American slaves were Christians. American slave masters were Christians. How can that be? Are our American slaves like the Hebrews Pharaoh held in captivity in Egypt? Are the slave masters like Pharaoh? Do the 250 years of slavery in America echo Israel suffering under the brutal and bloody boot of the occupying Imperial Roman army? Do the slave masters stand in the boots of the Imperial soldiers?
Fascinating and thorny questions. Answering those questions starts with understanding what slaves believed. How did they “read” the Bible? What voices did they hear and raise up? Could they make their own voices heard? How could their Christianity thrive or even survive under the dominance, control and violence of their masters? How did the slave masters read the very same Bible? What voices did they hear and raise up? The Inclusivity Team’s open forum on “The Bible through the Eyes of Slaves” hopes to shed some light on these questions.
On Sunday, September 20 at 1:00 pm Celene Lillie will talk about the Christianity of American slaves and their masters in an open forum via Zoom. Celine Lillie is a professor in the Department of Religious Studies at CU specializing in the New Testament. She is also the Director of Adult Education and Spiritual Formation at First Church here in Boulder where she assists with worship on Sundays and heads up the Theologian-in-Residence program.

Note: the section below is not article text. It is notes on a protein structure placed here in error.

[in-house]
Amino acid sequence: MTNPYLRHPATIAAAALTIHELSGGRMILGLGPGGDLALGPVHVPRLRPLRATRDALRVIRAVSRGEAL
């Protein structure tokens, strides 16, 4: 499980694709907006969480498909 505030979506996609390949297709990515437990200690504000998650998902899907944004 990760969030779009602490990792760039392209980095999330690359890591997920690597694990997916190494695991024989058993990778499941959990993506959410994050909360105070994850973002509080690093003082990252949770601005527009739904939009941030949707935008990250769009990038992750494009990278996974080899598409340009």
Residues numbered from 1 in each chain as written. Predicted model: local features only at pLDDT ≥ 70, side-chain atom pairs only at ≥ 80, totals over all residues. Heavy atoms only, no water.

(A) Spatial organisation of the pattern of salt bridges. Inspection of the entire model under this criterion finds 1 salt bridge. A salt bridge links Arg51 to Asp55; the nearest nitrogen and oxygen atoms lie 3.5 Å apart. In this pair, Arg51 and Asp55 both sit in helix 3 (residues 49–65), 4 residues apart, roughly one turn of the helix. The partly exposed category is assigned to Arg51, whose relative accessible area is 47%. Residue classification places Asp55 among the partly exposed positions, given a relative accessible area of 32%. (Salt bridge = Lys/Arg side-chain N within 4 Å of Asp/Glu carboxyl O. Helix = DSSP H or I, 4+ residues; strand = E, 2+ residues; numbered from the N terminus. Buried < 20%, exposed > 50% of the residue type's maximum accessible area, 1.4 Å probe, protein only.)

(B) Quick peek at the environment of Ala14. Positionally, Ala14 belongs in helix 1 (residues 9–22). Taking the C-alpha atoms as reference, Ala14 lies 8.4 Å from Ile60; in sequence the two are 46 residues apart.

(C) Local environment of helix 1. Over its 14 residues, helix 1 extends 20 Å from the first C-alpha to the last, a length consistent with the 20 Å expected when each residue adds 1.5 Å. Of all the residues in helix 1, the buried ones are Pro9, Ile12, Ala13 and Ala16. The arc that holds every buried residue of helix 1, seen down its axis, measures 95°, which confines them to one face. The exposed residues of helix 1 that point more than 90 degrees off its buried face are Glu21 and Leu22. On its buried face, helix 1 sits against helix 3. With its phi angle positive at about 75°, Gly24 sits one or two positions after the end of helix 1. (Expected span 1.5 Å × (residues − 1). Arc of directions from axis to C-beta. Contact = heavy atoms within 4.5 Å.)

After Prof. Lillie’s presentation on Zoom the forum will be open for questions and discussion. On September 18 and 20 look for email announcements with the Zoom link to this open forum. The Inclusivity Team looks forward to seeing you on the 20th.
Gloria Purvis, a prominent African American critic in the Roman Catholic Church, tells us, “Racism makes a liar of God. It says not everyone is made in his image. What a horrible lie from the pit of hell.” This may be a good place to start as we learn about the Bible of the American slaves and the Bible of their masters. And what should be our destination? Especially when we are righteously rebelling and protesting in our streets against the oppression, violence, and death coming so casually and cruelly from the hands of authorities? Perhaps our sisters and brothers in slavery can be our guides leading us to a place of hope, faith, and works suited for this time of turmoil.
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